Guatemala shares borders with Mexico, Belize, Honduras and El Salvador. The country is heavily forested and predominantly mountainous with a beautiful string of volcanoes lining the Pacific coast, three of which are still active.
Guatemala’s climate varies according to altitude. The coastal regions and the northeast are hot all year round with an average temperature of 20°C (68°F), though sometimes as high as 37°C (99°F). Typically, nights are clear throughout the year. At higher altitudes, in the centre of the country, the rainy season (May to September) is characterised by heavy rain during the afternoons and evenings, followed by clear night skies. Nights are typically cold.
Facts and Figures
108,889 sq km (42,042 sq miles).
13,276,517 (2009 estimate)
Guatemala City- population 1,104,890 (2010)
The official language is Spanish. English is widely spoken in tourist areas and major hotels and restaurants. 23 indigenous languages are also spoken.
The constitution guarantees freedom of worship, but Catholicism is the most widespread religion with a 10 per cent Protestant minority. Some indigenous communities hold services combining Catholicism with pre-Columbian rites.
GMT – 6
Guatemala’s most interesting old colonial town and the cultural capital is Antigua. Indeed until 1773, when a massive earthquake destroyed the city, Antigua used to be the capital of Central America. Several monuments have survived, namely; the Plaza de Armas, the Cathedral, church ofSan Francisco and University of San Carlos. The surrounding volcanoes of Volcan de Agua, Volcan de Acatenango and Volcan de Fuego all offer superb views of the city and surrounding countryside.
San Jose is a large fishing port with swimming and fishing facilities; the old Spanish port of Iztapa (now a beach resort) is accessible through the Chiquimulacanal by launch. Momostenango is the country’s blanket weaving capital. Tikal is one of the world’s most spectacular archaeological sites, magnificently located in the heart of Northern Guatemala’s Peten rainforest. Sayaxche is good area for wildlife and/or Mayan ruins – the best being Seibal, Itzan, Dos Pilas, Uaxactun and Yaxha. Go fishing or windsurfing on Lago del Izapal,El Peten or the Rio Dulce. Visit Lake Amatitlan, one of the worlds oldest lakes, surrounded by archaeological ruins over 2000 years old. Chichicastenango is located in stunning surroundings and houses arguably the largest and most exciting Indian Market in Guatemala’s Western Highlands. On the Caribbean coast lies Livingston, a small town of brightly painted wooden houses, accessible only by boat. The Highlands offer the visitor a chance to experience stunning countryside and the many indigenous villages each with their unique, embroidered clothes and weekly markets. For such a tiny country the variety is outstanding.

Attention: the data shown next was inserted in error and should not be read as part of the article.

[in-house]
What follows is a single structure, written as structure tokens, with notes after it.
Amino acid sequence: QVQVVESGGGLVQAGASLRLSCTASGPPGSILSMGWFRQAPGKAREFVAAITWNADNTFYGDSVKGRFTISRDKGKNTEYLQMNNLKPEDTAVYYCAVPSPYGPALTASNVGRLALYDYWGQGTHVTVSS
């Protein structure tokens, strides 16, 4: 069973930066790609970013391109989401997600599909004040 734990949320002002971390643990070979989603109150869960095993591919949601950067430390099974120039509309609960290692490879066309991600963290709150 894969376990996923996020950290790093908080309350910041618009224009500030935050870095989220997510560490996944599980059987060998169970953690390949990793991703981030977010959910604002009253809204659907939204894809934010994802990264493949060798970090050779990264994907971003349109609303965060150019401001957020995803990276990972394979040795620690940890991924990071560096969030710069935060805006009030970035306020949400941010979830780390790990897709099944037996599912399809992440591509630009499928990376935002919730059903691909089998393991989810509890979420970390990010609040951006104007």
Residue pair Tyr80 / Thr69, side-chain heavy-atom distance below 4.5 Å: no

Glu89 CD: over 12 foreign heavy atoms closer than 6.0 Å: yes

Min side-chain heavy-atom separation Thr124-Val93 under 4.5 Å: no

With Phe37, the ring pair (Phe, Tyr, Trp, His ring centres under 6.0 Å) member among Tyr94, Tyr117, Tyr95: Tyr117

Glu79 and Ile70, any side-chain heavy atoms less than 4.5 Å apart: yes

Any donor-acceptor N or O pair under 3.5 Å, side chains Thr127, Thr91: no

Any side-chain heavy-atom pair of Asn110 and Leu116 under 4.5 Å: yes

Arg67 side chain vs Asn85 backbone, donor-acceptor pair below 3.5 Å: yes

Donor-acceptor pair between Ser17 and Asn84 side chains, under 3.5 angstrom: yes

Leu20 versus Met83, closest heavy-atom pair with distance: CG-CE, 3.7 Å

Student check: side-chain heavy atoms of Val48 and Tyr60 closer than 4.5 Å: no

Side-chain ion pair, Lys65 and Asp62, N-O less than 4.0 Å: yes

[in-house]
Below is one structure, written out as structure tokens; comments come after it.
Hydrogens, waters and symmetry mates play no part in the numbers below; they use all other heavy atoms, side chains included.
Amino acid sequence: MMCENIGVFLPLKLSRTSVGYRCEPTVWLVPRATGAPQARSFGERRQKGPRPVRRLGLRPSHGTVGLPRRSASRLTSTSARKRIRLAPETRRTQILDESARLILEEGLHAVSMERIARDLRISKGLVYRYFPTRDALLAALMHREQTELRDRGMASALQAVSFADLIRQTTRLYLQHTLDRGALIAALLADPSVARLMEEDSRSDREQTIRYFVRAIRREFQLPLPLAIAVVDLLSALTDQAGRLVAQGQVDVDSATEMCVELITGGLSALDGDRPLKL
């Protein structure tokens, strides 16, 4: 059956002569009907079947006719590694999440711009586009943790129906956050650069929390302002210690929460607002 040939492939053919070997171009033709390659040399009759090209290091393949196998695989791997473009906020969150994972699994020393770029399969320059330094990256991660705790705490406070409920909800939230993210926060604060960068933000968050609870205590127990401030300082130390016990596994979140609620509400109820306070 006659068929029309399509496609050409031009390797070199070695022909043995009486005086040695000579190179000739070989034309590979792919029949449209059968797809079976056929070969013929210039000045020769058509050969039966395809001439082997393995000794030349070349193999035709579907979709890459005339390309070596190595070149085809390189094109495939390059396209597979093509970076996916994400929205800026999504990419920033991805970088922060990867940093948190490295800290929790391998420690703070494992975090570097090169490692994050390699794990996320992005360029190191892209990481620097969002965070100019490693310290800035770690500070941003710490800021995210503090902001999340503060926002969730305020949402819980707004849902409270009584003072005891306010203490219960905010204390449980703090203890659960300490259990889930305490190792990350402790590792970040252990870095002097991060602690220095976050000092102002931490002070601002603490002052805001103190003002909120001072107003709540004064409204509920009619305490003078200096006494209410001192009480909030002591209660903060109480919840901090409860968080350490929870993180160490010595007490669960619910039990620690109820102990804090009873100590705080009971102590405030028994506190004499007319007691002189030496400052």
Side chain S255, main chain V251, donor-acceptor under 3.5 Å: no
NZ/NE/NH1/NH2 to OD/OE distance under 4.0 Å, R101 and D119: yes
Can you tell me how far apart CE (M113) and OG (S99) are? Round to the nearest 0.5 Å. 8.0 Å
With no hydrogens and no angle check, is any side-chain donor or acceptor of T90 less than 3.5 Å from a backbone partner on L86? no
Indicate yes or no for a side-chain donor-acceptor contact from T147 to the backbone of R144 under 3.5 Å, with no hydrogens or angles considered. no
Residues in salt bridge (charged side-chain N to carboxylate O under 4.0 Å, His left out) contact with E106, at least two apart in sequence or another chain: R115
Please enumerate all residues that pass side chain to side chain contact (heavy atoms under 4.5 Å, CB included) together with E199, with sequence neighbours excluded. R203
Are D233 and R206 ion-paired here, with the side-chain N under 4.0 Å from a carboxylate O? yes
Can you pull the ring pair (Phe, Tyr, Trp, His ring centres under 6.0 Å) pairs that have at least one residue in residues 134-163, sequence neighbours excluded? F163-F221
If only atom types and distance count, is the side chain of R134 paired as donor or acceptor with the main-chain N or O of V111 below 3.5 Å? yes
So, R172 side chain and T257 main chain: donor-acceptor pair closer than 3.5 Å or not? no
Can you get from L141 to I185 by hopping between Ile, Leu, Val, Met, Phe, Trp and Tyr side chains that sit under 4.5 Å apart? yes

Of the Central American countries, Guatemala offers visitors an unparalleled wealth of culture and interest. Colourful Indian settlements, old colonial towns, lush jungles and fascinating Mayan ruins all combine to make this country a fascinating travel destination.
Volcanic activity has created to rugged peaks, alien-looking sulphurous lakes and relaxing hotsprings. Immerse yourself in the ever-present indigenous culture, and it wont be long before you envy the exquisite craftsmanship and rich history of the Mayan people. Exotic flowers, birds and mammals explode from the subtropical forests, and there are spectacular opportunities for wildlife viewing and sporting activities.
Records of human habitation in the area go back to the Mayan civilisation in 2000 BC. By the year 400 AD the temple of Tikal (along with Palenque (Mexico) and Copan (Belize)), had been built marking one of the world’s more civilised areas. By the end of the 1st century the Toltec Empire had established itself; thus changing the religious practises – involving human sacrifice -and constructions of the Chichen Itza, Uxmal, Tulum and Kabah cities as the population moved away from the highlands and down to the flatter lowlands.
Post-independence Guatemala experienced relative calm amid turbulent Central American politics, though it eventually slid into an exceptionally savage civil war between right-wing military governments and leftist guerrilla movements.
The Guatemalan Civil War ended in 1996 with a peace accord between the guerrillas and the government, negotiated by the United Nations and heavy diplomatic intervention from nations such as Norway and Spain. Both sides conceded much. The guerrilla fighters disarmed and were given land to work. The UN-sponsored truth commission found that government forces and state-sponsored paramilitaries were responsible for the vast majority of human rights violations during the war. Since the end of the war, Guatemala has consistently held democratic elections.
Today Guatemala still experiences difficulties arising from the existing mixture of cultures, low life expectancy and high levels of violence, especially in the capital, Guatemala City. However, as a visitor the rich culture, beautiful scenery and warmth of the people, rather than the country’s difficulties, will be at the forefront of your mind.
Interested in Guatemala? Call +44 (0)20 7604 4408 for expert holiday advice